Turning now to the other grounds for relief set out in petitioner's motion papers, petitioner contends that he was unable to understand all of the proceedings against him because he was forced to share with his codefendants the services of a single interpeter. The record, however, is devoid of any indication that in fact the interpretation facilities were inadequate. On the contrary, the trial court found the interpreter to be qualified and petitioner's counsel himself expressed satisfaction with the manner in which the interpreter was to serve throughout the course of the trial. Moreover, a perusal of petitioner's testimony at the trial does not reveal any difficulty of communication between the petitioner, the attorneys, and the court. Petitioner had ample opportunity during the trial to make known any deficiencies in the interpretation, but he never made an objection in this regard. Finally, Agueci does not allege that he failed to understand any of the proceedings that were actually relevant to his defense and consequently does not state how he might have been prejudiced by his failure to understand any particular portion of the proceedings.
The petitioner has also failed either to define or give any details in support of his contention regarding the testimony of his accomplices. The record reveals that the two principal prosecution witnesses against petitioner, Rinaldo and Palmieri, were his co-conspirators. There is no allegation in the petition that any government officials knowingly proffered perjured testimony or engaged in any other specified impropriety. Rinaldo and Palmieri had neither been joined as codefendants in this prosecution, nor had they, at th time of petitioner's trial, been sentenced as yet on charges to which they, at the time of petitioner's trial, been sentenced as yet on charges to which they had previously pleaded guilty in a state court. These facts, though, were known to petitioner's counsel and he commented on them in his closing argument to the jury. The petitioner has characterized the use of the testimony of Rinaldo and Palmieri as representing the "machination and manipulations of the State and Federal authorities;" but bald, unsupported assertions such as these and the ones made by petitioner in support of his contentions involving the adequacy of the interpretation facilities are insufficient as a matter of law to warrant relief under section 2255. Sanders v. United States, 373 U.S. 1, 19, 83 S. Ct. 1068, 10 L. Ed. 2d 148 (1963); United States v. Angelet, 255 F.2d 383 (2d Cir. 1958), Palmieri v. United States, 286 F. Supp. 520, 522 (S.D.N.Y.1968); United States v. Molino, 240 F. Supp. 332 (S.D.N.Y.1965); see Machibroda v. United States, 368 U.S. 487, 82 S. Ct. 510, 7 L. Ed. 2d 473 (1962).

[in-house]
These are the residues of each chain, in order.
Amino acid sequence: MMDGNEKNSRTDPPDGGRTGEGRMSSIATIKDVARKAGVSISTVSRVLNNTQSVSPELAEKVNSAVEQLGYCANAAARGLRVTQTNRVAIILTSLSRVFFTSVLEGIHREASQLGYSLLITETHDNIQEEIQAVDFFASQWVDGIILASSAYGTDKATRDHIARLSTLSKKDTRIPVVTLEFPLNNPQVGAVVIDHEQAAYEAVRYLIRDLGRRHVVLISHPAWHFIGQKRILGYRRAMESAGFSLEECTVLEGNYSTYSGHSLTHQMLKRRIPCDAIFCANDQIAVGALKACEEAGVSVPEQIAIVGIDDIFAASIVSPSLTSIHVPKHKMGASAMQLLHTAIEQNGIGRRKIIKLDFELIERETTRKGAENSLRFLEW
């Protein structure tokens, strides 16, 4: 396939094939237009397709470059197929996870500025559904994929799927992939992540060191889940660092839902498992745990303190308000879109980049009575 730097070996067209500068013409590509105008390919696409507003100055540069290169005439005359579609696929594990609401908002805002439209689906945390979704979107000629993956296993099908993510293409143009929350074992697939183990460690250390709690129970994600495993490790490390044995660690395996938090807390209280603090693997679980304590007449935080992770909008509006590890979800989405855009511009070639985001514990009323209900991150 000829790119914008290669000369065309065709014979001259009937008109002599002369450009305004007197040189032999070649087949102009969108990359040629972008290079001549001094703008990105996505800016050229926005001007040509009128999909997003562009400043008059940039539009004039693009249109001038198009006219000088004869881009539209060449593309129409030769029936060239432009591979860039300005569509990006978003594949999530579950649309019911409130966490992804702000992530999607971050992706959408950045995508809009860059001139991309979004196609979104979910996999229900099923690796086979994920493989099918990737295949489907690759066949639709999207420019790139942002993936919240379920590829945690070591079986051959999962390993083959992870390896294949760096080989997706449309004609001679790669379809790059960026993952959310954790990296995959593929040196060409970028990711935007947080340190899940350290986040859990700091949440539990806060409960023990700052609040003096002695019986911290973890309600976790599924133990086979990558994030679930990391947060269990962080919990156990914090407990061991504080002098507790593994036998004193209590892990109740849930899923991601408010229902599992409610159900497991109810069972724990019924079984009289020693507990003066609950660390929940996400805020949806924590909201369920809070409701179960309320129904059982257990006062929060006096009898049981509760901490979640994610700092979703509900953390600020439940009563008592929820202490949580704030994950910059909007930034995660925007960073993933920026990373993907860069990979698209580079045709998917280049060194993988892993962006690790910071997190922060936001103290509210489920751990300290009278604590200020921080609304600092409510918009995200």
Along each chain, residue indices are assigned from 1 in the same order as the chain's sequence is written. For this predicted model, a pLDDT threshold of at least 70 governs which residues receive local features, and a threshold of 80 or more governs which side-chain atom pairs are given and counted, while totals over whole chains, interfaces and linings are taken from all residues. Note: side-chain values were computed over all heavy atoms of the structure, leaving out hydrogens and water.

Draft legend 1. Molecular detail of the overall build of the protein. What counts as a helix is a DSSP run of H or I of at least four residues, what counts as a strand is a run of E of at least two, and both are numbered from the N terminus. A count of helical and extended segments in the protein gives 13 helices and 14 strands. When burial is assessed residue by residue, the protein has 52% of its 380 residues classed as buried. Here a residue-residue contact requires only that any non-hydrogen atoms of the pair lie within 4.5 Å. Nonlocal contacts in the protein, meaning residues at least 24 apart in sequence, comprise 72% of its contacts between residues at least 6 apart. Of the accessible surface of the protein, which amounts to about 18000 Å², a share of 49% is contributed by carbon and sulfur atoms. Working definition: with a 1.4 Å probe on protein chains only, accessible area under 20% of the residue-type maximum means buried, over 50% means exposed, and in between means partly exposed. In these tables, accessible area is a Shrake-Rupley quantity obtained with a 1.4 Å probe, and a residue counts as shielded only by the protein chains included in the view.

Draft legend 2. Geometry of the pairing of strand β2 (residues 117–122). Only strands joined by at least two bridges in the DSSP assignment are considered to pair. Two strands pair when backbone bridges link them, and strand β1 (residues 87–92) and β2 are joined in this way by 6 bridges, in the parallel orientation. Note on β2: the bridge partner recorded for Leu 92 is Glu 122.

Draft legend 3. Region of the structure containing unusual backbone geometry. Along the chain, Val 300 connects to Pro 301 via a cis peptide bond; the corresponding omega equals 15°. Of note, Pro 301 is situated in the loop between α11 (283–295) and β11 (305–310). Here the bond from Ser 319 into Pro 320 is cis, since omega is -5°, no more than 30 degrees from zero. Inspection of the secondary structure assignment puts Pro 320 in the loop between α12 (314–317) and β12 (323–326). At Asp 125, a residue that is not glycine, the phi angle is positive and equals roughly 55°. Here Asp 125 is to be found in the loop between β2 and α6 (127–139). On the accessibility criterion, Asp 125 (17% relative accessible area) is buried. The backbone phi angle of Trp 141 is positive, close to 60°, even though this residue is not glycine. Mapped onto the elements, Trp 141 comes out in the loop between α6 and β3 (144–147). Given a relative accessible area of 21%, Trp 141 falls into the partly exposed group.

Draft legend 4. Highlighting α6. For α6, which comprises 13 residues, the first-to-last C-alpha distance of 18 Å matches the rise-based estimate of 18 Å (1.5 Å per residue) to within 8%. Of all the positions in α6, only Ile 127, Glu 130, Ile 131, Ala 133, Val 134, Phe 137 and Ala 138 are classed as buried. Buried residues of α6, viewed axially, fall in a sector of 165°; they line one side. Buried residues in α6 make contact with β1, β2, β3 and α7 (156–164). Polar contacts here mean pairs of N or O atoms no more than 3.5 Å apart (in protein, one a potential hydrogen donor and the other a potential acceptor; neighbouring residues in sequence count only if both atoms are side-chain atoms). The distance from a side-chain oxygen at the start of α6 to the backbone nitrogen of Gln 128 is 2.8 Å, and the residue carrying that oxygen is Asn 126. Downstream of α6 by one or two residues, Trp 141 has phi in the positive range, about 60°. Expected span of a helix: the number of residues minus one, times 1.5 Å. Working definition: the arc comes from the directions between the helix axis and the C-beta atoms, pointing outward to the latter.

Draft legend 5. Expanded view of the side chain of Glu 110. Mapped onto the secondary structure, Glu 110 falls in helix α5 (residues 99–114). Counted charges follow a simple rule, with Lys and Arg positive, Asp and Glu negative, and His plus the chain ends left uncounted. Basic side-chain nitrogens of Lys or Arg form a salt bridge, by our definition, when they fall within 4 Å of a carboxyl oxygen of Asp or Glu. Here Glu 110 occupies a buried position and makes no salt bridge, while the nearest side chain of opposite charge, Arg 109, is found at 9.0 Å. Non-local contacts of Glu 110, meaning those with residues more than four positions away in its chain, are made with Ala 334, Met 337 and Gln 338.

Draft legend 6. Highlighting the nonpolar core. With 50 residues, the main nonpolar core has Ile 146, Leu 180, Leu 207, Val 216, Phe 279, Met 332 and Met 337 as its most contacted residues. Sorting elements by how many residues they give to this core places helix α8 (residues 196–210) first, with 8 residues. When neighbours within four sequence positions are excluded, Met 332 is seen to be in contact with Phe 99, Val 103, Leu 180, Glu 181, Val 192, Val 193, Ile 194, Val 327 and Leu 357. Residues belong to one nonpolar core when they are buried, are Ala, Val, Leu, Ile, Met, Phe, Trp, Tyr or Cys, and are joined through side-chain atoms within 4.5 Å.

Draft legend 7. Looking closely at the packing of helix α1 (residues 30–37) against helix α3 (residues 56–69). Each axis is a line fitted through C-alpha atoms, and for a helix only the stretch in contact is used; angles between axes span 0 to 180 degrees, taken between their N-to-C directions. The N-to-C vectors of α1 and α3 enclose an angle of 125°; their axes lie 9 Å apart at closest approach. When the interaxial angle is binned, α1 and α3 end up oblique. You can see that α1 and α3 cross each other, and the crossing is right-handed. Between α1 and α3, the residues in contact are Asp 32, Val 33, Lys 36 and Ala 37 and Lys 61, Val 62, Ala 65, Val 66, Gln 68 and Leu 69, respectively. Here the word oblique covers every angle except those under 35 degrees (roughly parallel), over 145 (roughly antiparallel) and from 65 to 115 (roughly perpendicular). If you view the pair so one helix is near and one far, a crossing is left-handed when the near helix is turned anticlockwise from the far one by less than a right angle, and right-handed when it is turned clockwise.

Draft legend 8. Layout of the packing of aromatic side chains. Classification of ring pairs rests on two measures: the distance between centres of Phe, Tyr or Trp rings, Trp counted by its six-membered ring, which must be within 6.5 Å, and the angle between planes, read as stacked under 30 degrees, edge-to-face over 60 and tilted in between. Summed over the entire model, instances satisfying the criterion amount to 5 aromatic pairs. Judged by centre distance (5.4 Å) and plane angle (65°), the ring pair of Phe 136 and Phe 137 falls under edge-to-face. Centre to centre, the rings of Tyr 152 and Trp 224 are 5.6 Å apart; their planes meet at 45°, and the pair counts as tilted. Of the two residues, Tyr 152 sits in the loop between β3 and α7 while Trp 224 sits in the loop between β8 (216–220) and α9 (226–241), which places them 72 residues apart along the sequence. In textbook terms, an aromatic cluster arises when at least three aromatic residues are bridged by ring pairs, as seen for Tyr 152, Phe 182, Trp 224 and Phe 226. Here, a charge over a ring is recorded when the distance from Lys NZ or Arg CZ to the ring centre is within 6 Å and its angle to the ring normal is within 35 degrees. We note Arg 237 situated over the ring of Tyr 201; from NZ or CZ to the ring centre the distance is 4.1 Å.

Also with regard to the contentions relating to the adequacy of the interpretation facilities and the use of the testimony of co-conspirators, there is no indication that these matters could not have been raised on direct appeal, nor why they were not raised, if such was the case. Petitioner was fully represented by counsel both at trial and at appeal. The factual basis for these issues was certainly known to the petitioner and his counsel and this court is not aware of any change in the law with regard to these matters which could have affected a decision as to whether or not to appeal on these grounds. Petitioner cannot now use section 2255 as a device by which he can unjustifiably by-pass normal appellate procedures. Mirra v. United States, 379 F.2d 782, 786 (2d Cir. 1967), cert. denied 389 U.S. 1022, 88 S. Ct. 593, 19 L. Ed. 2d 667 (1967); Palmieri v. United States, supra, 286 F. Supp. at 523.
After careful consideration of the petitioner's motion, together with a review of the record of all the proceedings, this court concludes for the reasons stated that a hearing is not required. The petitioner has failed completely to demonstrate to the court that he is entitled to the relief he seeks. His motion is denied in all respects.